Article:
The upper main cam assembly 260 (FIGS. 1B, 29 and 30) includes a central cam plate 266 with cam surfaces disposed to engage the first and second upper followers 38, 42, respectively. At one end of the central plate 266, a hold down cam surface 268 is provided for engagement with the first upper follower 38 to facilitate unlocking the actuators 16, 20 as will be discussed in more detail below. A groove 270 adjacent to the hold down cam surface 268 receives the second upper follower 42. Spaced downstream (relative to the direction of turret rotation) from the hold down cam surface 268 is a hold up cam surface 272 formed by a groove 273 in the central cam plate 266 that is adapted to receive the second upper follower 42 to maintain the vertical or axial position of the first actuator 16 main body 30 so that the thread splits 92 can be driven relative to the main body 30. Downstream of the hold up cam surface 272 is a main upper closing cam surface 274 engageable with the first main follower 38 to move the first actuator 16 toward the second actuator 20. As shown in FIG. 29, the cam surfaces 268, 272, 274 along the central plate 266 may each be provided on separate plates or modules fixed to the central plate 266, with appropriate adjustable mounting mechanisms to enable accurate positioning and alignment of the plates or modules and cam surfaces. Providing the cam surfaces 268, 272, 274 on separate plates or modules facilitates changing out the cam surfaces for repair or replacement, and also permits different cam modules or plates to be installed to change the shape of the cam paths and cam surfaces and thereby change the movement of the first actuator 16 of each tooling pair 14. The cam surfaces 268 and 274 are examples of cams referred generally to as reference number 40 and as shown generally in FIG. 5. Cam surface 272 is an example of a cam referred generally to as reference number 46 and as shown generally in FIG. 5.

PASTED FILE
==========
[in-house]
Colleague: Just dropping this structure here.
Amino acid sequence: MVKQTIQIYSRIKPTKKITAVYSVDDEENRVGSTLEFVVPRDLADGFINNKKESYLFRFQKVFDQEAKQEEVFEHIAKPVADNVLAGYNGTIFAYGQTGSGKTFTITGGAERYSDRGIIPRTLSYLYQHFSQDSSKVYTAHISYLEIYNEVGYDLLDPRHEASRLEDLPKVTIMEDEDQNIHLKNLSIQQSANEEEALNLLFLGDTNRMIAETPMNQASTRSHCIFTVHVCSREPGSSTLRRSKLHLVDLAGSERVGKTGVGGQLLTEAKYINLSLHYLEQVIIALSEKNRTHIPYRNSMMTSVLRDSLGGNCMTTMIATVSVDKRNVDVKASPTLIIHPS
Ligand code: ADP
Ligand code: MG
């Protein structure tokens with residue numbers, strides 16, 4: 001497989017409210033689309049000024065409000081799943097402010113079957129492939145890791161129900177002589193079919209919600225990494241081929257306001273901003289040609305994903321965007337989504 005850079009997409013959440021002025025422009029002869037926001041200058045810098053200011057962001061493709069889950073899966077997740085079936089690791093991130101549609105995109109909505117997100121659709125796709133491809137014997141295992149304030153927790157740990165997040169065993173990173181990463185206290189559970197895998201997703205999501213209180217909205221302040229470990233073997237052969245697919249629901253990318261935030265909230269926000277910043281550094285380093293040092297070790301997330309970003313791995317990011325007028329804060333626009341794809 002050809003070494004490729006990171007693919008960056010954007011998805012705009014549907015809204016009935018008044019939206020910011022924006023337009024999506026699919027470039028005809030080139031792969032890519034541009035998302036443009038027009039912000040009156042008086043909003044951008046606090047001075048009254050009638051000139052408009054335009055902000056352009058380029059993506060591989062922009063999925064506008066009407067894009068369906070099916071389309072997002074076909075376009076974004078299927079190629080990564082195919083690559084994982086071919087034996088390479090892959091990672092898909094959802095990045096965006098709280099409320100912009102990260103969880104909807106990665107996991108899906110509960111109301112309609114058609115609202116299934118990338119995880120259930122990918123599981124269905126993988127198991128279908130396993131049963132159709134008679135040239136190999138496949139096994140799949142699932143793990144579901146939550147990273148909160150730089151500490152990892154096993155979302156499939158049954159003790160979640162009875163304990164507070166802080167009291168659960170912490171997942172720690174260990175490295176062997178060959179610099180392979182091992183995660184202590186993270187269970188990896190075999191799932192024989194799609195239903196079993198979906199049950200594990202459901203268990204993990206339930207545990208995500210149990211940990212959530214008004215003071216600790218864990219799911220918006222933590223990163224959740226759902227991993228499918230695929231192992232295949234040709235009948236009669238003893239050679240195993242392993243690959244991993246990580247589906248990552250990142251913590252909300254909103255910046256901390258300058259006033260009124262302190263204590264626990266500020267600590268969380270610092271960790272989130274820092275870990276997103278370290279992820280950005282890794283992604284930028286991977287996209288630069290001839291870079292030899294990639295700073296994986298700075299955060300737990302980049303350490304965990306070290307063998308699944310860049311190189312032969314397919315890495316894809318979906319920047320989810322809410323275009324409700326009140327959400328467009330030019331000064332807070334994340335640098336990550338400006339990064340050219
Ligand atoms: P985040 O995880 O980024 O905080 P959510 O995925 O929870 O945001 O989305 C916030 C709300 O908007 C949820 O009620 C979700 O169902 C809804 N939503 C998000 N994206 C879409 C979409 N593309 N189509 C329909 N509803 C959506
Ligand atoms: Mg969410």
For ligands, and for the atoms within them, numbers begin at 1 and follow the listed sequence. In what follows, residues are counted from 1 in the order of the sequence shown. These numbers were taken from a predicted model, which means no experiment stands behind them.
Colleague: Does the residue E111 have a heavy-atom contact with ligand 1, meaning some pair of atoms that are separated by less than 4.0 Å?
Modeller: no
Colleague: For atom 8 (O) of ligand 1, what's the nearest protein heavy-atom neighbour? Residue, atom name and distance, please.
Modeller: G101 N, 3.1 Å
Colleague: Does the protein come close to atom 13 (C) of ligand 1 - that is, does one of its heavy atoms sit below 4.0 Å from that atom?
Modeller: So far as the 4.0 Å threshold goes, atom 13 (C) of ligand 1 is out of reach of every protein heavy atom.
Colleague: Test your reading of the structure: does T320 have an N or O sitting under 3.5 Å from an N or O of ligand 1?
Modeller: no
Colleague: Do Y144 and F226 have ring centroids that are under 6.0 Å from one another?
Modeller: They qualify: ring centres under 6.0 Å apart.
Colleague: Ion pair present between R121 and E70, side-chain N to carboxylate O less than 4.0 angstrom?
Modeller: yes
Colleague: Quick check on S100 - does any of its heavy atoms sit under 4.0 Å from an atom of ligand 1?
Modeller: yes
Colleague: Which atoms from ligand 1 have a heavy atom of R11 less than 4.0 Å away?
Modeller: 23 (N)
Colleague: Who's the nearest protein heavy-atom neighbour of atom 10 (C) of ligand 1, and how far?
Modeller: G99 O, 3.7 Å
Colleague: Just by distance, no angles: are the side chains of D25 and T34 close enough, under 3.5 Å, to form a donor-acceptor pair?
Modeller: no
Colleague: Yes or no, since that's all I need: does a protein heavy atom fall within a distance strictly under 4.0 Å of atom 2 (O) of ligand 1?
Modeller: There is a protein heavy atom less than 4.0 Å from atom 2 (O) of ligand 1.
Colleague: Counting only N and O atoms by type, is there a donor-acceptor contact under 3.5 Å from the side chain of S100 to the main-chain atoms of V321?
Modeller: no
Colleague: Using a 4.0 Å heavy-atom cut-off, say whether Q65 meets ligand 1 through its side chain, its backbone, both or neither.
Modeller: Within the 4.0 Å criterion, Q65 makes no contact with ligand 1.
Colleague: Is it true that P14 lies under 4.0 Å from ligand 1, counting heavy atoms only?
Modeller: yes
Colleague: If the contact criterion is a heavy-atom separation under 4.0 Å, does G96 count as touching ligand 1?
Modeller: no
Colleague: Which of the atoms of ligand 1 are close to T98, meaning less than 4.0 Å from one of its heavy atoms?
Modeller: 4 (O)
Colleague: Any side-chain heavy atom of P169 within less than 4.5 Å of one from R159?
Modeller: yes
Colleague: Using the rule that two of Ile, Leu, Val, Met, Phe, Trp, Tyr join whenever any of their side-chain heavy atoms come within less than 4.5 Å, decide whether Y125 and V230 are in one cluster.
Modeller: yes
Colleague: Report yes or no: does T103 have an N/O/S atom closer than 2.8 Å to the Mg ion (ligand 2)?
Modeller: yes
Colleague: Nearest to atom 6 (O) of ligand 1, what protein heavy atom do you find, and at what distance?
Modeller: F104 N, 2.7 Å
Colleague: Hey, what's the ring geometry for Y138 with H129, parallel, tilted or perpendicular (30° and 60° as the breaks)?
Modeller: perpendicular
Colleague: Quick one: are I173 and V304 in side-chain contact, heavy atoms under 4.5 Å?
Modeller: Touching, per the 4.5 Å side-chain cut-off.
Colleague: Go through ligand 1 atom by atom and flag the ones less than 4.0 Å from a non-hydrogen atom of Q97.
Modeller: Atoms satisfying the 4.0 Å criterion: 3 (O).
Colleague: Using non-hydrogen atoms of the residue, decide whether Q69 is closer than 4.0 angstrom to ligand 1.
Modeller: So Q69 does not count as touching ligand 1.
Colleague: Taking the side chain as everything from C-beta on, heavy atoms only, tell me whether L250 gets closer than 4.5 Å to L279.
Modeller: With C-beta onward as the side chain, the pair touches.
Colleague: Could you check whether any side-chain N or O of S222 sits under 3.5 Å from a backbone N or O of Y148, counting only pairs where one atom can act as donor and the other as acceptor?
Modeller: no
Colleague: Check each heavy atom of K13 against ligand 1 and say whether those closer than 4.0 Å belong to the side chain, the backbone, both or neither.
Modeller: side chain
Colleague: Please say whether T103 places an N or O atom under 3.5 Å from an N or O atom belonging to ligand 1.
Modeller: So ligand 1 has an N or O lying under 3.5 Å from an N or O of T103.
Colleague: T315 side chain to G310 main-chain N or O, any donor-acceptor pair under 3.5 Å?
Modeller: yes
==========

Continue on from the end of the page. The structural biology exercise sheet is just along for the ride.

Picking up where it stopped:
To drive the first and second thread split followers 130, 142, an inner set of cam plates 280 and an outer set of cam plates 282 are mounted on the central cam plate 266. Both the inner set and outer set of cam plates 280, 282 define a pair of separate cam paths 284, 286. A first cam path 284 in each set of plates 280, 282 is adapted to receive the first thread split 130 followers of the first actuator 16 with the follower 130 carried by the inner tie plate 132 received in the cam path 284 of the inner set of cam plates 280 and the follower 130 carried by the outer tie plate 132 received in the cam path 284 of the outer set of cam plates 282. Likewise, a second cam path 286 in each of the inner and outer sets of cam plates 280, 282 is adapted to receive the second thread split 142 followers of the upper actuator 16, with the second follower 142 of the inner tie plate 144 received in the second cam path 286 of the inner set of cam plates 280 and the second follower 142 carried by the outer tie plate 144 received in the second cam path 286 of the outer set of cam plates 282. The cam paths 284, 286 are preferably formed as a track or groove in the cam plates 280, 282 that extend generally circumferentially and perpendicular to the axis of the turret 12, and have axially sloped cam surfaces that drive the followers 130, 142 axially to move the first actuators 16 or thread splits 92 as desired. The cam paths 284, 286 are preferably defined in plates or modules that are separately attached to the central cam plate 266 or apparatus frame 264. Providing the cam paths 284, 286 in separate plates or modules facilitates changing the plates for maintenance, repair or to provide differently oriented cam paths to change the movement of the thread splits 92. Preferably, as noted above, the thread splits 92 can be driven between their open and closed positions independently of being driven between their advanced and retracted positions. This provides control over the movement of the thread splits 92 as formed plastic articles 100 are stripped and removed from the mold cores 18 and enables changing of path and timing of movement of the thread splits 92 as desired for a given plastic article 100 or manufacturing process.